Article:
When bidding on a roofing project you don’t want to propose an estimate that is too low and could undercut your profits. But having an estimate that’s too high can scare off potential clients. So how do you accurately price a roofing job?

The key to producing correct estimates is understanding your overhead costs, working with accurate measurements, and roofing software when necessary. Let’s dig a little deeper, and show the different steps involved when pricing a roofing job.

While a lot goes into a roof renovation or installation, there are four main factors that determine the underlying price of a project.

The materials used to replace a roof will make up about 40% of your cost. This is where a contractor or homeowner can significantly affect the total cost of the roof replacement project. We recommend giving a few options so the client can see the variations in price.

While the material they choose will impact the cost of the roof project, it will also impact the roof’s life and the resale value of the home. A client may want to go with a cheaper material to save costs. However, you can urge them to invest in a more expensive material that could lead to higher bids when they choose to sell.

There are several measurements you need to make an accurate bid for the roofing project. Accounting for the roof’s ground-level square footage is only part of the measurement calculation. You must also account for the pitch—usually expressed as a ratio. A ratio of 4:13, for example, means the roof rises four feet for every 13 feet of horizontal length.

Before you reach the final step of determining the job’s total squares (100 square feet = one square) you’ll need to know the pitch’s multiplier. This handy chart will help you find the correct number.

Roof Pitch | Multiplier |
---|---|

3:12 | 1.15 |

4:12 | 1.20 |

5:12 | 1.24 |

6:12 | 1.24 |

7:12 | 1.30 |

8:12 | 1.35 |

9:12 | 1.40 |

10:12 | 1.40 |

11:12 | 1.55 |

12:12 | 1.70 |

Now you’re ready for the final step in calculating the roof’s area—multiplying the ground-level square footage with the pitch ratio multiplier. Here’s an example of what the calculations would look like:

You’re working on a house that is 30 ft. x 60 ft. The entire area is 1,800 square feet (30 x 60). Divide that number by 100 to arrive at 18 ground-level squares. The pitch is 5:12 with a 1.24 multiplier, so you’ll multiply 18 by 1.24 to get 22.32. You’ll round up to account for some waste and voila! The number of squares required for this job is 24. If you went by ground-level area only, you’d produce a bid that only accounts for 18 squares. So you’d be missing six squares (aka 600 square feet) when calculating the material needed.

You have to pay your employees so considering their cost in the final price is crucial. To do this, first determine how many hours the job will take. Then multiply that by how many workers you’ll have on the job to create the total labor hours.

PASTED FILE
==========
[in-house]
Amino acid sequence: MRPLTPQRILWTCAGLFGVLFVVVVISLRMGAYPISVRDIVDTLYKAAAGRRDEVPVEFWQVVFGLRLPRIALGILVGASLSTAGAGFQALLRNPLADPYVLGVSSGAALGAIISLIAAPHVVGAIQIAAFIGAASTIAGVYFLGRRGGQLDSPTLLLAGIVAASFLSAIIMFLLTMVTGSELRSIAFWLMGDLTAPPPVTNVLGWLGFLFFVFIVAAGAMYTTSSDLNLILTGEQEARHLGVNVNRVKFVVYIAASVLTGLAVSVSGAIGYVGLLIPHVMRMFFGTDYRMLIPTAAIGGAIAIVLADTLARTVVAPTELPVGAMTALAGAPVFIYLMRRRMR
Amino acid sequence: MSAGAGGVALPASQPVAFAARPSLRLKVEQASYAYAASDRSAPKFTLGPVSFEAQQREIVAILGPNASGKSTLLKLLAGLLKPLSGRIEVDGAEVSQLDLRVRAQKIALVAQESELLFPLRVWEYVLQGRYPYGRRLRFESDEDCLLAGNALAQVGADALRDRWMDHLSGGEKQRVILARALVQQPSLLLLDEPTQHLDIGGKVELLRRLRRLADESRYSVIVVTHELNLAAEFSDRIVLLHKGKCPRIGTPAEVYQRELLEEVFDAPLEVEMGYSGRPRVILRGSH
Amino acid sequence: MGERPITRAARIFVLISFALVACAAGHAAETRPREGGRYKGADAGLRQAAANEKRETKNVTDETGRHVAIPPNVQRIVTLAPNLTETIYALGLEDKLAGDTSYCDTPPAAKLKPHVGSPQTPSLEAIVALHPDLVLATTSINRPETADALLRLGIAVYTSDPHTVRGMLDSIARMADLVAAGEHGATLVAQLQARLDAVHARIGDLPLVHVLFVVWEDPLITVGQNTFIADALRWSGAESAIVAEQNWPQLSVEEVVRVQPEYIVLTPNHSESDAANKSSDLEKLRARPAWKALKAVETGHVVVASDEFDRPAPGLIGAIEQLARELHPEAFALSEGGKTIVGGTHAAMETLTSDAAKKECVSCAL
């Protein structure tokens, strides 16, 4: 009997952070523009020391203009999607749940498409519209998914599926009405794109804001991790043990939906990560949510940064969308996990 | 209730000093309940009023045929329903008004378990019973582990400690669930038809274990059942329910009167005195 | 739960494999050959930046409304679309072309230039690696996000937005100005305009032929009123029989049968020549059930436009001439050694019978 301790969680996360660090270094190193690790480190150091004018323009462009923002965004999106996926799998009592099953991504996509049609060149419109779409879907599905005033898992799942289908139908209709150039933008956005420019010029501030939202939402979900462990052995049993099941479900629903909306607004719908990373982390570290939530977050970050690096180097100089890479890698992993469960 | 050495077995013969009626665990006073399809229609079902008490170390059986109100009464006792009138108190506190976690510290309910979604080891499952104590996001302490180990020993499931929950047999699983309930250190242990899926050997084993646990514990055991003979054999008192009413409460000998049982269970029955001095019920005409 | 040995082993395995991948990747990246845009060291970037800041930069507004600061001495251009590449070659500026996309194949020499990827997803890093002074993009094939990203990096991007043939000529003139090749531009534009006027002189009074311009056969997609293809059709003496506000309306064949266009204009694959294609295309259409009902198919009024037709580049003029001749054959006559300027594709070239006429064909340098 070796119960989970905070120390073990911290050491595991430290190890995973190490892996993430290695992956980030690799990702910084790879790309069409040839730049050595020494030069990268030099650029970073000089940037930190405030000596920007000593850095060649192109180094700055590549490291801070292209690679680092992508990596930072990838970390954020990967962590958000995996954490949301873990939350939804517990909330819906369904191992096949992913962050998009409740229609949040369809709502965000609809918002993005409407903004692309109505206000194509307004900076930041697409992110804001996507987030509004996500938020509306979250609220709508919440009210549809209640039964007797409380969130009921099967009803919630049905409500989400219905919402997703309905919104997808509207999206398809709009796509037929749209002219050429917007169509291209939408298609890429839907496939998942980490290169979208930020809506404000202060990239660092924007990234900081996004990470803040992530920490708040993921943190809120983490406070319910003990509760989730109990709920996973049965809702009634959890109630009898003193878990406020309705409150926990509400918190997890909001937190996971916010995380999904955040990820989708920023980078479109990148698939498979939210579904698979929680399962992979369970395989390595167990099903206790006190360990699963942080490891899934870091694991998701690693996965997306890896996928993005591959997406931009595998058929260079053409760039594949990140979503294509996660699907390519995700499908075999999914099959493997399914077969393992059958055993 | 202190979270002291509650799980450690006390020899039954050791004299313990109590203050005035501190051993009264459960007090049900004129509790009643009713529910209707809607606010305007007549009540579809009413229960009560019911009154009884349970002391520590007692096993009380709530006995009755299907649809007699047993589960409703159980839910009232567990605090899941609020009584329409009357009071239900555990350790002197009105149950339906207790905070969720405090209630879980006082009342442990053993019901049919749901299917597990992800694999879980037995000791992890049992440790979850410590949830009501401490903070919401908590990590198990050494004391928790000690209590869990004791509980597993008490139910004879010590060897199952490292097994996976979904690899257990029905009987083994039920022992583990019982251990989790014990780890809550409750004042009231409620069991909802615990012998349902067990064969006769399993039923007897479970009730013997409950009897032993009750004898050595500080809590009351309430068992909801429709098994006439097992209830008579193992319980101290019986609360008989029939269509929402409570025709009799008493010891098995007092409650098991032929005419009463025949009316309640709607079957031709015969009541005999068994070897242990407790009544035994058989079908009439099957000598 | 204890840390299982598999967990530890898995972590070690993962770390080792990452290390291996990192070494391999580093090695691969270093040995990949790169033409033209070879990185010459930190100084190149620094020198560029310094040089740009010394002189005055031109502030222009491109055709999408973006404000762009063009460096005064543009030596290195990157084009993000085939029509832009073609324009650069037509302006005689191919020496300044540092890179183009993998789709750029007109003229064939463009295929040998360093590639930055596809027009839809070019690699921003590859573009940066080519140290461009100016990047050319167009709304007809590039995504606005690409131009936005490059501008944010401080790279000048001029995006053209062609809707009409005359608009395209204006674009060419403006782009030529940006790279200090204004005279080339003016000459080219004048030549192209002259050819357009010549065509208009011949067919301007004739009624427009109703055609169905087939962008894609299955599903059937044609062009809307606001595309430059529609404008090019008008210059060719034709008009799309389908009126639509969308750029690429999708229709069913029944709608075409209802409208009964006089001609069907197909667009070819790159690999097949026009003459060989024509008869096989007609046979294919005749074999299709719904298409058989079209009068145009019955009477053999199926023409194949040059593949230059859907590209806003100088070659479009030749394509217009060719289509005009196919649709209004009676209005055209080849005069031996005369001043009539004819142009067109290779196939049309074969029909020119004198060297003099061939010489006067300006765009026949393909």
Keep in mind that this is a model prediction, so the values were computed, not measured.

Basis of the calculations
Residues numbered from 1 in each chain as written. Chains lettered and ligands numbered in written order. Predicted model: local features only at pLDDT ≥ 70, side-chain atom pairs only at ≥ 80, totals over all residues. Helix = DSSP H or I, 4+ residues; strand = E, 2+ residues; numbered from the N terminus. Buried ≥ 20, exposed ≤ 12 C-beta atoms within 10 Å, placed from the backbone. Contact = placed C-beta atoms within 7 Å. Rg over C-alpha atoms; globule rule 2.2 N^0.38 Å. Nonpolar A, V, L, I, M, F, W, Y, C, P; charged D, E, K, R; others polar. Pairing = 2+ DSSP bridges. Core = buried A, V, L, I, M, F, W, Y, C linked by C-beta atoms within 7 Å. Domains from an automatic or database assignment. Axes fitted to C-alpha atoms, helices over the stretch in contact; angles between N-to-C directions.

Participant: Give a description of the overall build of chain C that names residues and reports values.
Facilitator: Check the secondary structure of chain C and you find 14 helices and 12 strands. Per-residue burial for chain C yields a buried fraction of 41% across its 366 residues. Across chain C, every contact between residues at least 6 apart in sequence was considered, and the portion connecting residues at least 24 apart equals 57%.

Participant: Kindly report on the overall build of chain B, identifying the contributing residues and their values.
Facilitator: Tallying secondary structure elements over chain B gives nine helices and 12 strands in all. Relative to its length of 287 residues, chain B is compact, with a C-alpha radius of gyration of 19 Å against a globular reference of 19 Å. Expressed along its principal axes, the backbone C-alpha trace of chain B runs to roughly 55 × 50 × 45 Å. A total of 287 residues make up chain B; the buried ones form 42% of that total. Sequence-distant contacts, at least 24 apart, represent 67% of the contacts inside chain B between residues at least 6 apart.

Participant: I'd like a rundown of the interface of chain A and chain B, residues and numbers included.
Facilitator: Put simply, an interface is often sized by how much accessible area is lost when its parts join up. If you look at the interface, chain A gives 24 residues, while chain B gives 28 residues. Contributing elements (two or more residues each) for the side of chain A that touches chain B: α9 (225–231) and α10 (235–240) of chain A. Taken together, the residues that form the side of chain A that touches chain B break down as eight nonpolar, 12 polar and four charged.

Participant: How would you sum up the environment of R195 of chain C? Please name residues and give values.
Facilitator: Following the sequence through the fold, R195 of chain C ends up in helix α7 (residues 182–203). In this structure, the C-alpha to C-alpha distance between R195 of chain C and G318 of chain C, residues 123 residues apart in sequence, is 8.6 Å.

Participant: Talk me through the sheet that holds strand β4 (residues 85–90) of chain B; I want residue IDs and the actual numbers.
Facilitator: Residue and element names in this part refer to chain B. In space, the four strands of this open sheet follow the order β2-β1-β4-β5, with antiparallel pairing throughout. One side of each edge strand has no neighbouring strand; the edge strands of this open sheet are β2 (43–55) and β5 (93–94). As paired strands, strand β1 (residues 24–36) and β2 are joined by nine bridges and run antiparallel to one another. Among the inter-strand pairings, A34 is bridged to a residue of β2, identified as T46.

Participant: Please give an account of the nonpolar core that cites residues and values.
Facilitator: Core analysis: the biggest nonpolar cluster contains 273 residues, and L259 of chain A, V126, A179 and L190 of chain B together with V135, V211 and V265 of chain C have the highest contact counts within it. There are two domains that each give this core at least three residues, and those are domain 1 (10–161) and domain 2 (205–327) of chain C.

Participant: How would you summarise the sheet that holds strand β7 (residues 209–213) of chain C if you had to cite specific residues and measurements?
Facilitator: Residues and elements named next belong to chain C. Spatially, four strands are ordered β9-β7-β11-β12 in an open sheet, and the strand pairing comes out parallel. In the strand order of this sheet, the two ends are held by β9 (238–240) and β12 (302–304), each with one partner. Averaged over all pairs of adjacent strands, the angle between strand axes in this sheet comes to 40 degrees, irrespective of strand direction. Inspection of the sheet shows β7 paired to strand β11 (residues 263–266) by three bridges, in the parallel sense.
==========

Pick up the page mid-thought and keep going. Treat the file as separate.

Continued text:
Second, you’ll want to figure out each employee's hourly labor cost. Always calculate the hourly wage, with taxes, and worker’s compensation. Once you have a total labor cost, you’ll multiply that by the total labor hours for the entire sum of your team’s labor.

Forgetting to add taxes to the project’s total could cost your business a lot of money down the road. You can charge the client the taxes on service and roofing material and help yourself from paying taxes on your business profits.

We recommend you hire an accountant to help determine what your taxes should be per job. Although it may be a hassle up front, your future self will be happy you had this sorted out earlier.

Including overhead, or extra costs, and giving room for yourself to make a profit helps to prevent surprise costs and keeps you in business. Your overhead costs could include a myriad of different things including uniforms, office rent, insurance, accounting, and different software integrations—it’s essentially anything extra you need to complete the project.

You can simply add overhead costs to the final price, but we recommend showing it as a line item for full transparency. You’ll need to break down the cost into an hourly rate. First, figure out the overhead cost per week and then estimate the weekly labor hours. Then, divide the hours by the overhead costs.

If the overhead cost per week is $800 and the weekly labor hours are 80, then the hourly figure will be $10. This means for every labor hour you need to charge a minimum of $10 to your client to cover your overhead expenses.

The profit you choose to add to the final roofing price depends on your desired profit margin. You don’t want it to be too large and possibly scare off potential clients, but making it too small will eat into your business. Typically roofers add a 6% profit margin to their project’s totals.

Lots of addition! For a total roofing cost that’s ready for a potential client, you’ll need to add up all of your costs. That includes material, labor, taxes, roof pitch/total square footage, and overhead. You then take that total and apply a markup to reach your desired profit margin. And that final sum is the total cost of your roofing job.

One way to ensure your price’s accuracy is to look up the home’s building codes. There are specific codes that restrict the use of some materials. Going the extra mile to ensure everything is within compliance will make your estimates stand out.

HOVER is another way to create a fast and accurate final price. With our app, you gain accurate measurements and 3D visualizations from a few smartphone photos or a blueprint upload. You’ll reduce the time spent on every bid and have an accurate estimate that will make you stand out and bid more efficiently. Plus, when you present your estimate to the customer, you can pair it with a dynamic 3D model of their home to really wow them. Learn more about how HOVER can help you measure and price a roof.

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